Acquired and congenital craniofacial abnormalities can be intimidating because of the complex anatomy and apparent overlap of the clinical and imaging features of many of these entities. Regardless of the diagnosis, the ability to recognize the specific features demonstrated in a particular case of craniofacial abnormality can complement clinical and genetic information in making its diagnosis.
Although understanding craniofacial embryology is not necessary to the understanding of anatomy, knowledge of craniofacial development can help in the interpretation of anatomic abnormalities and deformities. For example, the first branchial arch normally fuses with the frontonasal process at 4 to 6 weeks of gestation, and failure of this fusion results in cleft lip. Another good example of the relationship between embryology and craniofacial anomalies is seen in branchial cleft cysts, which are further discussed in Chapter 17. Although craniofacial embryology is not reviewed here, the relationship between embryology and anatomy should be appreciated, and the embryology relevant to a particular anomaly is referenced if pertinent.
Ultimately, both pre- and postnatal development lead to the familiar structures of the human head and face. This chapter primarily focuses on the osseous anatomy of these structures.
The main bones of the face are the mandible and maxilla (Fig. 18.1a). The orbits are formed by multiple bones, including the maxillary, frontal, zygomatic, ethmoid, sphenoid, lacrimal, and palatine bones (Fig. 18.1b). The nose is formed by the maxilla and nasal bones, and the nasal septum by the vomer and ethmoid bones, along with cartilage. The forehead is predominantly supported by the frontal bone and the squamous portions of the temporal bones. The cheek is supported largely by the zygoma, a very important bone, which rigidly articulates with the maxillary, temporal, frontal, and sphenoid bones. The cranium is composed of flat bones creating the cranial cap (calvarium) and by a set of bones creating the cranial base. The anatomy of the skull, orbits, and oral cavity is discussed in further detail in Chapters 18, 21, and 23, respectively.
18.3 Facial Trauma
Facial trauma in children has patterns similar to those in adults, but identifying abnormalities in the setting of developing bones may be more complex than in mature bones. Additionally, it is important to attempt to use the most radiation-optimized diagnostic algorithm when imaging children.
Because mandibular fractures typically do not occur in isolation, it is important to follow the identification of such a fracture with an investigation for an occult secondary fracture. Alternatively, the disruption/displacement of the temporomandibular joint may serve as a second point of pressure release, instead of a second fracture being present (Fig. 18.2). Mandibular fractures are also often seen in conjunction with fractures of the spine. Additionally, greenstick-type bowing fractures can occur in the face in children just as they do in the extremities.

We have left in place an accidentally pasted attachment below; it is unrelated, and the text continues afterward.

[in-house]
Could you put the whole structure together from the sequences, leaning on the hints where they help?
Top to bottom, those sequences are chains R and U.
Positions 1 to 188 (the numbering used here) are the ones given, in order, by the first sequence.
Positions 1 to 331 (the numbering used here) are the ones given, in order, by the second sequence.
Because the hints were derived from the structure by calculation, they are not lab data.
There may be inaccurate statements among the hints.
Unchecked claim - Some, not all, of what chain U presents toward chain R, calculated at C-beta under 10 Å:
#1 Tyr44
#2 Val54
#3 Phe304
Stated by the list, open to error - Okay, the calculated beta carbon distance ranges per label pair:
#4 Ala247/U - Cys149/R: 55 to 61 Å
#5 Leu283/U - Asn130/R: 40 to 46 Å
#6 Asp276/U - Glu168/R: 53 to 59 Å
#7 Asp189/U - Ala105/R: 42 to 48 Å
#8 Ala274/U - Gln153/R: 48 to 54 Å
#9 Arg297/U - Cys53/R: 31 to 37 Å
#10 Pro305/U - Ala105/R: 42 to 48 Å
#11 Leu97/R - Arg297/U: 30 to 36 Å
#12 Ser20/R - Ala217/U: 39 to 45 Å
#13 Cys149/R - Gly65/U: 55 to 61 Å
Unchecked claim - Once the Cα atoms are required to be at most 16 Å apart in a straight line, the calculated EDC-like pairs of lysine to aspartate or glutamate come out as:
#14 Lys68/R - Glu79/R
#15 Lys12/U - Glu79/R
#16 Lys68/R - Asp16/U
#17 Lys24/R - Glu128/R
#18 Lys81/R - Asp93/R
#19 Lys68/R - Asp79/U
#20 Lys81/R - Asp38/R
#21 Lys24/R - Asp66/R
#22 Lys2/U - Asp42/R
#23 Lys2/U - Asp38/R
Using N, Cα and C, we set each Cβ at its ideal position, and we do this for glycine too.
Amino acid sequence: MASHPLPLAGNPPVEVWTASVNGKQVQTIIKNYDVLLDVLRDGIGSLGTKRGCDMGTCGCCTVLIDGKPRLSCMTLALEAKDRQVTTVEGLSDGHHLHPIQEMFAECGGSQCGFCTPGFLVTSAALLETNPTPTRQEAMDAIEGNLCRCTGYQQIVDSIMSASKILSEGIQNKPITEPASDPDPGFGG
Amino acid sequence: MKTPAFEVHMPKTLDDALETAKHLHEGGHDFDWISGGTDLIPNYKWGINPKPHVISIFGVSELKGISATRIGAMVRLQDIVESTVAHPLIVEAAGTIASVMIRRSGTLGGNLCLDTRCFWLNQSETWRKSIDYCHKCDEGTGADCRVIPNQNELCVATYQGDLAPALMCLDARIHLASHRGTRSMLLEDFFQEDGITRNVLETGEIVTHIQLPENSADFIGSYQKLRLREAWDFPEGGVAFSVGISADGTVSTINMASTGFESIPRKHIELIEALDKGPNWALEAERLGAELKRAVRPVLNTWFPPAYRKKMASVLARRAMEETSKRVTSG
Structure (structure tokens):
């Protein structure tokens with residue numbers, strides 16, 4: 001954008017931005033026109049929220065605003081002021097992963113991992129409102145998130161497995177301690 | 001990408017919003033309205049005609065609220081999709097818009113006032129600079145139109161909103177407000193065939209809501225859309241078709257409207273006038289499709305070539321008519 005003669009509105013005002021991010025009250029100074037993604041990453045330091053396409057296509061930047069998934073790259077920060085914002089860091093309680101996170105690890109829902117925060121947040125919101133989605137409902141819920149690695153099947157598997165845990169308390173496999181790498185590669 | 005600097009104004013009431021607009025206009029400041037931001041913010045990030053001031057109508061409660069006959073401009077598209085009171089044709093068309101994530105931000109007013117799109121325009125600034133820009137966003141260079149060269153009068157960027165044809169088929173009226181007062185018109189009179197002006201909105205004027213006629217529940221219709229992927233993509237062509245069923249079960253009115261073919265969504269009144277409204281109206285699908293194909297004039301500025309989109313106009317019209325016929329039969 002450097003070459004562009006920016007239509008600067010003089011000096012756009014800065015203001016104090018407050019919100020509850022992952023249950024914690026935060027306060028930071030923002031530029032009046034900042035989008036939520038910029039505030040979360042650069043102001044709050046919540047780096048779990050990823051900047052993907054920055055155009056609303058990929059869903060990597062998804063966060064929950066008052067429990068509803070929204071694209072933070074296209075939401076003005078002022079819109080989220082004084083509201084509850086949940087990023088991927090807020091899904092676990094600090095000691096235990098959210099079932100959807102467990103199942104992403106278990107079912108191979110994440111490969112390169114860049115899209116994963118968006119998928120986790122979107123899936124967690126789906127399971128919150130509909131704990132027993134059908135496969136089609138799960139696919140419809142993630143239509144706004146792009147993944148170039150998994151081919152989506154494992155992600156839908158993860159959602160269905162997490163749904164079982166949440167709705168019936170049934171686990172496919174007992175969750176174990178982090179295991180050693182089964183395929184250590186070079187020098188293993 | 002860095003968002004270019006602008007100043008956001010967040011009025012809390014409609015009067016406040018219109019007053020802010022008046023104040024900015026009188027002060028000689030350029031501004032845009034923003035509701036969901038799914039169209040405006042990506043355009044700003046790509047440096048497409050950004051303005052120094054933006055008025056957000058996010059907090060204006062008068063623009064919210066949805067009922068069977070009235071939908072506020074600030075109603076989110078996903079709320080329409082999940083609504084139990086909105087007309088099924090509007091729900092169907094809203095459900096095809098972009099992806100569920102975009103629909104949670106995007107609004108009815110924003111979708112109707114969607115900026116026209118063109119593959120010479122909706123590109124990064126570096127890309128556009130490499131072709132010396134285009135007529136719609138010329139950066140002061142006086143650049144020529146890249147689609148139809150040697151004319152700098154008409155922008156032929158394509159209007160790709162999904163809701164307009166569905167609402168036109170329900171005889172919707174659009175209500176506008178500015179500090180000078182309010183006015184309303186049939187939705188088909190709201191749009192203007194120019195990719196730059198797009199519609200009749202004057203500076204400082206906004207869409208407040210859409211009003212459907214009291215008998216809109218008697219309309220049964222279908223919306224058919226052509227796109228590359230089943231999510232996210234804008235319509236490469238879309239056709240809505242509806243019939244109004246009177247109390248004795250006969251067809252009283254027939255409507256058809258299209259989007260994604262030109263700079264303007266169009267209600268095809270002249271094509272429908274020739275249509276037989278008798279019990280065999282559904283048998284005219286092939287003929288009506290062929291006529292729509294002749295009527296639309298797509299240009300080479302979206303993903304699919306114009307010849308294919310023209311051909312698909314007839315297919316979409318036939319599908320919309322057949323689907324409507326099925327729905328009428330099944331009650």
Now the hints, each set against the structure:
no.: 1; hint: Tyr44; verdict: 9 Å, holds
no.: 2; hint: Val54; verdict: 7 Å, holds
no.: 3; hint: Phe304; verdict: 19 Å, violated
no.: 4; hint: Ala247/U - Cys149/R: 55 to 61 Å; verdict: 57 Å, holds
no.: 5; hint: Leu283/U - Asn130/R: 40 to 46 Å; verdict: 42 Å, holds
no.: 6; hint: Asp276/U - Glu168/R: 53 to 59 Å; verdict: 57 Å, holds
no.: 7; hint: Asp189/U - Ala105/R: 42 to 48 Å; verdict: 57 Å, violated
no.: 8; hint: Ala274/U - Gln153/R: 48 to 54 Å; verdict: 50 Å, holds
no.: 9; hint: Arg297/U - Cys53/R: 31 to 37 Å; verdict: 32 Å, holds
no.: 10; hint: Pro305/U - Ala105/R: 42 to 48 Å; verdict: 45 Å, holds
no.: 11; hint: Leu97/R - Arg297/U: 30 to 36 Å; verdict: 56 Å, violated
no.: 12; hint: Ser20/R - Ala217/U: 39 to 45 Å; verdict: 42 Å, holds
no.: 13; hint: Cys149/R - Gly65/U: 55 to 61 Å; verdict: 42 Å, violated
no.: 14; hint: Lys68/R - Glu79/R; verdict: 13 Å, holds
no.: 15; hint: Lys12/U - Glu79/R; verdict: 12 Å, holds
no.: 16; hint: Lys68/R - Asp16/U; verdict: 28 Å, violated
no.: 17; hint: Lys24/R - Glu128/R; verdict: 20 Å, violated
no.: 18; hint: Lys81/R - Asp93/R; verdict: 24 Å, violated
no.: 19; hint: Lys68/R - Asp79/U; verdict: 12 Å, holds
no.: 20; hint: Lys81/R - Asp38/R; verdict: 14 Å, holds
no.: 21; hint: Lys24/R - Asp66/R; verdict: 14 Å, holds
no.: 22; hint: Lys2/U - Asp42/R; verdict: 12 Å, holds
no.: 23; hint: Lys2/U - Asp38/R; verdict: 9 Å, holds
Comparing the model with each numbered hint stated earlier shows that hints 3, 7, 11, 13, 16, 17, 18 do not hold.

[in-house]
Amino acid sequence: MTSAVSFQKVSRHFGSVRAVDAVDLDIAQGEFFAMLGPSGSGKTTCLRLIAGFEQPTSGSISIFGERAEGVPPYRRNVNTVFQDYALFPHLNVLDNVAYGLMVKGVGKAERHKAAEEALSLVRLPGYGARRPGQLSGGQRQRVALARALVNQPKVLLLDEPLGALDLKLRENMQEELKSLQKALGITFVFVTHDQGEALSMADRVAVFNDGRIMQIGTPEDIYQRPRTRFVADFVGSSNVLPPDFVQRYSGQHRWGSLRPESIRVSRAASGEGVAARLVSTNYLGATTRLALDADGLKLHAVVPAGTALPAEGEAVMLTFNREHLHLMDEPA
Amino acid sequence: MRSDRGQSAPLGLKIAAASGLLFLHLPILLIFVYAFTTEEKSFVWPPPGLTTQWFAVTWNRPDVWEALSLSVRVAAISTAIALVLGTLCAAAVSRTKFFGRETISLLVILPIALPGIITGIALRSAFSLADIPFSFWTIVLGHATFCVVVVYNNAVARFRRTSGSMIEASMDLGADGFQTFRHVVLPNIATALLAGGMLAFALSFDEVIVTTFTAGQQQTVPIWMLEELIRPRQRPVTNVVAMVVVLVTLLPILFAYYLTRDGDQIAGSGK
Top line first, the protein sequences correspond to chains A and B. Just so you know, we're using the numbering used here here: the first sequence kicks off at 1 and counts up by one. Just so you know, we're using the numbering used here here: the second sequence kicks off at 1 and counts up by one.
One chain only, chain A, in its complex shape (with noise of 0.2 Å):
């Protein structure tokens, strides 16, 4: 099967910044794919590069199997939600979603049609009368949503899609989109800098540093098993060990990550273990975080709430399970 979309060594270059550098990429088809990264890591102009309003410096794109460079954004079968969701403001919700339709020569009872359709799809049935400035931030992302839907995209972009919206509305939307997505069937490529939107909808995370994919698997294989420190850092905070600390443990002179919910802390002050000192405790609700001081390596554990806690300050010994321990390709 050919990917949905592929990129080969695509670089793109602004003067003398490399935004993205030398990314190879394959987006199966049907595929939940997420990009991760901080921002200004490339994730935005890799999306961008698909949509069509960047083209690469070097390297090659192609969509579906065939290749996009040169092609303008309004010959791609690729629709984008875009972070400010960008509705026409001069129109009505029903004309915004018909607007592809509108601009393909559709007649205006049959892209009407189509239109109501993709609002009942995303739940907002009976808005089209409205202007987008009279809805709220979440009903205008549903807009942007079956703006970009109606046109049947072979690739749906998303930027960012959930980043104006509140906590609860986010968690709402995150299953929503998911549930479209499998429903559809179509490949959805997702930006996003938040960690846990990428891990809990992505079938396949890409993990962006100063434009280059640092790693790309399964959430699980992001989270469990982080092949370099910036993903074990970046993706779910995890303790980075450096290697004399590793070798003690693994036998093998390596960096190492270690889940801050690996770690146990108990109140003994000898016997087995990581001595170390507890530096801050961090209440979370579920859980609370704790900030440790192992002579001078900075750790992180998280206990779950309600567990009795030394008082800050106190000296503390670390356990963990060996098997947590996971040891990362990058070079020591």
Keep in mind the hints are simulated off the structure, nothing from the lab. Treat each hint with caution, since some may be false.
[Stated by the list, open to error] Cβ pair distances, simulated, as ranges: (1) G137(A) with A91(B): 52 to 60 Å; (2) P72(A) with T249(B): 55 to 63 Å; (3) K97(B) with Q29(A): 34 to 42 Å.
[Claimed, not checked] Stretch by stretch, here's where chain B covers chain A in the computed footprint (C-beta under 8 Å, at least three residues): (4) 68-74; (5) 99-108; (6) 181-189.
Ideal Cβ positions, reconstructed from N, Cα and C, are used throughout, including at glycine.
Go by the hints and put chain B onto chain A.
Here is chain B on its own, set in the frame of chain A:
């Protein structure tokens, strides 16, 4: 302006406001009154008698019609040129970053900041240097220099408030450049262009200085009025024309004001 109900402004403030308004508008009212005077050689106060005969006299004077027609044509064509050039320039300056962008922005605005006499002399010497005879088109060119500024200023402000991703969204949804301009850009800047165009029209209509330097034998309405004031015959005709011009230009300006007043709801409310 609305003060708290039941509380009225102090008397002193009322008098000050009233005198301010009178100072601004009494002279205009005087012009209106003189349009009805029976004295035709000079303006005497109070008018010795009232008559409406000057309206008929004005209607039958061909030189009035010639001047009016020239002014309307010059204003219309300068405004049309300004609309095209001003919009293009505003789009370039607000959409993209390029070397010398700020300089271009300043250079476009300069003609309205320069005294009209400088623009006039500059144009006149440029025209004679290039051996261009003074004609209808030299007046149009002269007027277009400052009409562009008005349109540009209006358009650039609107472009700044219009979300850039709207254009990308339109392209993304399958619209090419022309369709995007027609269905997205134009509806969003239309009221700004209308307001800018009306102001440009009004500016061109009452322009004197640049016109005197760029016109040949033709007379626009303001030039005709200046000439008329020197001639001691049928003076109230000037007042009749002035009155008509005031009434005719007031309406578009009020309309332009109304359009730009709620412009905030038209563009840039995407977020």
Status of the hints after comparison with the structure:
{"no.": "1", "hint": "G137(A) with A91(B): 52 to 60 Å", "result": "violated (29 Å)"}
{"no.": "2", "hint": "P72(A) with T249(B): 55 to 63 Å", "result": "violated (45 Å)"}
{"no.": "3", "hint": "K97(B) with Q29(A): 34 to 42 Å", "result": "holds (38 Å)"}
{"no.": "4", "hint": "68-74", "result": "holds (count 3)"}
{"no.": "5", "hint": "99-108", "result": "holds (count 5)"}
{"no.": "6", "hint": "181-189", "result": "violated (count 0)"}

Complex maxillofacial trauma is sometimes described with the Le Fort classification system, which describes common patterns of facial skeletal trauma and can provide useful descriptors to surgeons. Because all subtypes of fracture in the Le Fort system involve fractures of the pterygoid plates, the finding of such a fracture should raise a degree of high suspicion for a Le Fort fracture. Fractures at other sites determine the type of a Le Fort fracture. Thus, for example, a Le Fort I fracture extends through the piriform rim and posterolaterally through the maxillary sinuses and zygomaticomaxillary buttress to the lower aspect of the pterygoid plates. With respect to a frontal view of the face, Le Fort I fractures are said to follow the distribution of a moustache. A Le Fort II fracture involves the nasal bridge and extends laterally through the orbit, down through the inferior orbital rim, and posteriorly through the zygomaticomaxillary buttress to the pterygoid plates. With respect to a frontal view of the face, Le Fort II fractures follow the distribution of the nasal bridge of a pair of eyeglasses. A Le Fort III fracture also involves the nasal bridge and extends from the nasal bones laterally through the orbit, but continues through the lateral orbital wall and inferiorly involves the zygomatic arch and pterygoid plate. With respect to a frontal view of the face, Le Fort III fractures follow the orientation of a pair of eyeglasses (Fig. 18.3).
Classically, Le Fort fractures are bilateral; the term hemi-Le Fort can be used for a fracture that is unilateral. In summary, all types of Le Fort fracture involve the pterygoid plates. Fractures classified uniquely by type in the Le Fort system include those involving the piriform rim (type I), inferior orbital rim (type II), and lateral orbital wall along with the zygomatic arch (type III). 1
Another important fracture pattern is one that involves the zygomaticomaxillary complex (ZMC), sometimes called a “tripod” fracture, although this is a misnomer because the pattern of injury in such a fracture has more than three components. As mentioned, the zygoma articulates with four other facial bones. In the setting of direct trauma, fracture can occur at the sites of any of these four sutures, which are: (1) the zygomaticofrontal (lateral orbit), (2) zygomaticosphenoid (orbital floor), (3) zygomaticotemporal (arch), and (4) zygomaticomaxillary (maxillary sinus and inferior orbital rim) sutures. If this fracture pattern is seen, a ZMC fracture can be documented, with additional information provided about the degree of displacement and adjacent tissue injury at each suture site.
Orbital trauma, including fractures of the orbital floor and medial orbital wall, is further discussed in Chapter 21.